Even the most zealous advocate of the national literacy strategy must concede that it has brought difficulties as well as benefits. One problem has been finding non-fiction texts for older reluctant readers that allow them to tangle with the same genres and exercise the same skills as their contemporaries, but at an appropriate level.
Heinemann Educational has published Take Off!, 32 titles with just that aim. The result is two bright and accessible series which will make the literacy hour more workable for less able pupils.
Many of the books are based on Heinemann's First Library series. Each 32-page book characteristically has three or four sentences per page, with one or two words highlighted and glosse at the back.
There is a picture with inscriptions, a single sentence summarising the theme of the picture, and a general caption. The path to understanding is made smoother, and the tasks of summarising and note-taking are already implicit in the structure of each page.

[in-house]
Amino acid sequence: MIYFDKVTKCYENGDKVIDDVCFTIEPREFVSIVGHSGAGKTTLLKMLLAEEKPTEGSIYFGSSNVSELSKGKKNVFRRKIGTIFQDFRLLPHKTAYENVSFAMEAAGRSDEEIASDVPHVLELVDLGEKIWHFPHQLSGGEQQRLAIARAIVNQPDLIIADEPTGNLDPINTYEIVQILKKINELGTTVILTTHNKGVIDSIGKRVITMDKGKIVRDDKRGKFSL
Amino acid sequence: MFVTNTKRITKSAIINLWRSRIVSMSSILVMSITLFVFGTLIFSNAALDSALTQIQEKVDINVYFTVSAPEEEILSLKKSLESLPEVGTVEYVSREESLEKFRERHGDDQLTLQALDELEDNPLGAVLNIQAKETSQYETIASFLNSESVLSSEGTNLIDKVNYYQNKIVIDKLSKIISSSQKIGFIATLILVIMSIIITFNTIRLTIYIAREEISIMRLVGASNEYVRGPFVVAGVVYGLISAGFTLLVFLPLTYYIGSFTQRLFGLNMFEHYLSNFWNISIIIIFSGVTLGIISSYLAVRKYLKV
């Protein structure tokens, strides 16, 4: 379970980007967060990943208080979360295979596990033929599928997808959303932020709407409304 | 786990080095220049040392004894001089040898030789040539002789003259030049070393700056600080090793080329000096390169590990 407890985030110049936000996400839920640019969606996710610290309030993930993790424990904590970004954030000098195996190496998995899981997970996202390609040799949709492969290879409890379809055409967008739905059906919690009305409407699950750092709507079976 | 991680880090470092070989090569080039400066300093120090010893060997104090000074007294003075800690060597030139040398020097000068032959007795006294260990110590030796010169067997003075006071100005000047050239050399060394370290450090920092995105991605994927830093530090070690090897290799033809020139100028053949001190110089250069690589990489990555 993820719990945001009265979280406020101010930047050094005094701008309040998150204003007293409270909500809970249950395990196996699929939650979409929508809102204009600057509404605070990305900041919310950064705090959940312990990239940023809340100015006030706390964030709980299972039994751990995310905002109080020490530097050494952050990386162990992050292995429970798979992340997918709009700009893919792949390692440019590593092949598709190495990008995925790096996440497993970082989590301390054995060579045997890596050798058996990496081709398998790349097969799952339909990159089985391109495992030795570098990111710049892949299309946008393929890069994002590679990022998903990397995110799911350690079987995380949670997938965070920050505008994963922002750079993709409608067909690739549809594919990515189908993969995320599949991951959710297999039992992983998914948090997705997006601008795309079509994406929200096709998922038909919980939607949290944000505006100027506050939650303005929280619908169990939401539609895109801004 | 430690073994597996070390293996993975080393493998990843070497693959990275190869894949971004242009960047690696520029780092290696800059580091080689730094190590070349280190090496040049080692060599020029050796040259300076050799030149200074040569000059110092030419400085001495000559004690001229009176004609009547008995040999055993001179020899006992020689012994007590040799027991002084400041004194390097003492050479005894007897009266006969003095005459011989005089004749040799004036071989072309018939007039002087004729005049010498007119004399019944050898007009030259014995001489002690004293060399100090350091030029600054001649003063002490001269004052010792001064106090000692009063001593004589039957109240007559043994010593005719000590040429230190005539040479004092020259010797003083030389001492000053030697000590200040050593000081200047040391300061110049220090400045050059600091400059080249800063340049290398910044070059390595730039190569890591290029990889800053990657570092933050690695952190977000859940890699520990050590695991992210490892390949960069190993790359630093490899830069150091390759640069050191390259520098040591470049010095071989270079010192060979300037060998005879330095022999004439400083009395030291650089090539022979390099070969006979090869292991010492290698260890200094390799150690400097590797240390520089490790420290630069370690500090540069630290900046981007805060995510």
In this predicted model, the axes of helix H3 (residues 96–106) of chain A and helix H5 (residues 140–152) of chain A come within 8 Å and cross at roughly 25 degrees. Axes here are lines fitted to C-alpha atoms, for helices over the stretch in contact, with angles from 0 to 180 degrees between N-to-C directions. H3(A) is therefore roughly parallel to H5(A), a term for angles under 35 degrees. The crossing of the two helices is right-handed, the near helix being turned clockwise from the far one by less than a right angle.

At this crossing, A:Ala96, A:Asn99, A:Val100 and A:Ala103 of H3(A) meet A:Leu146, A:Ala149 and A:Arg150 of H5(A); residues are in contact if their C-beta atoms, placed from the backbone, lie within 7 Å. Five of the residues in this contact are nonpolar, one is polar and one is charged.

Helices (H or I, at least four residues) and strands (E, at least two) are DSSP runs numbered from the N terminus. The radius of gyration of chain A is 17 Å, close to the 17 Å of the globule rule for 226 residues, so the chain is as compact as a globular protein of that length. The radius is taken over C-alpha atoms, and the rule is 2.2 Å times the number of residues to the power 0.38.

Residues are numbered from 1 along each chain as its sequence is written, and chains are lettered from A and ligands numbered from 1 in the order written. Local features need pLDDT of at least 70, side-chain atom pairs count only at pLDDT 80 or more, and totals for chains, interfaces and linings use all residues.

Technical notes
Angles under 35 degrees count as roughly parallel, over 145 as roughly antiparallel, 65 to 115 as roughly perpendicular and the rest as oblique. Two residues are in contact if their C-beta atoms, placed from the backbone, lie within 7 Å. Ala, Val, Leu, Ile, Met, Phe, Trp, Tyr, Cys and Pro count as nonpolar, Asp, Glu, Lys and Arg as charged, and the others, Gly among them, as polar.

Pictures are generously spaced and, although some of them, too, were used in the earlier series, they don't give the feeling of having come from standard library sources.
Within the Plants set, for example, are images of cacti, parasitic flowers, algae, coconuts growing into palms and herbal cosmetics, which will provoke discussion and curiosity. Though the reading age is around six-plus, the interest age is more like nine.
A thread of continuity links parts of the series. Photosynthesis and the food chain feature in Life Cycles, What is Weather? and Space Observer as well as in Plants. Maps and photographs appear in several of the geography texts, accompanied by straightforward but challenging questions and activities.
Schools with parallel volumes from the Heinemann First Library will wonder if they need to buy second versions. If they do, they will see that the marriage of thoughtful words and engaging pictures is a happy one.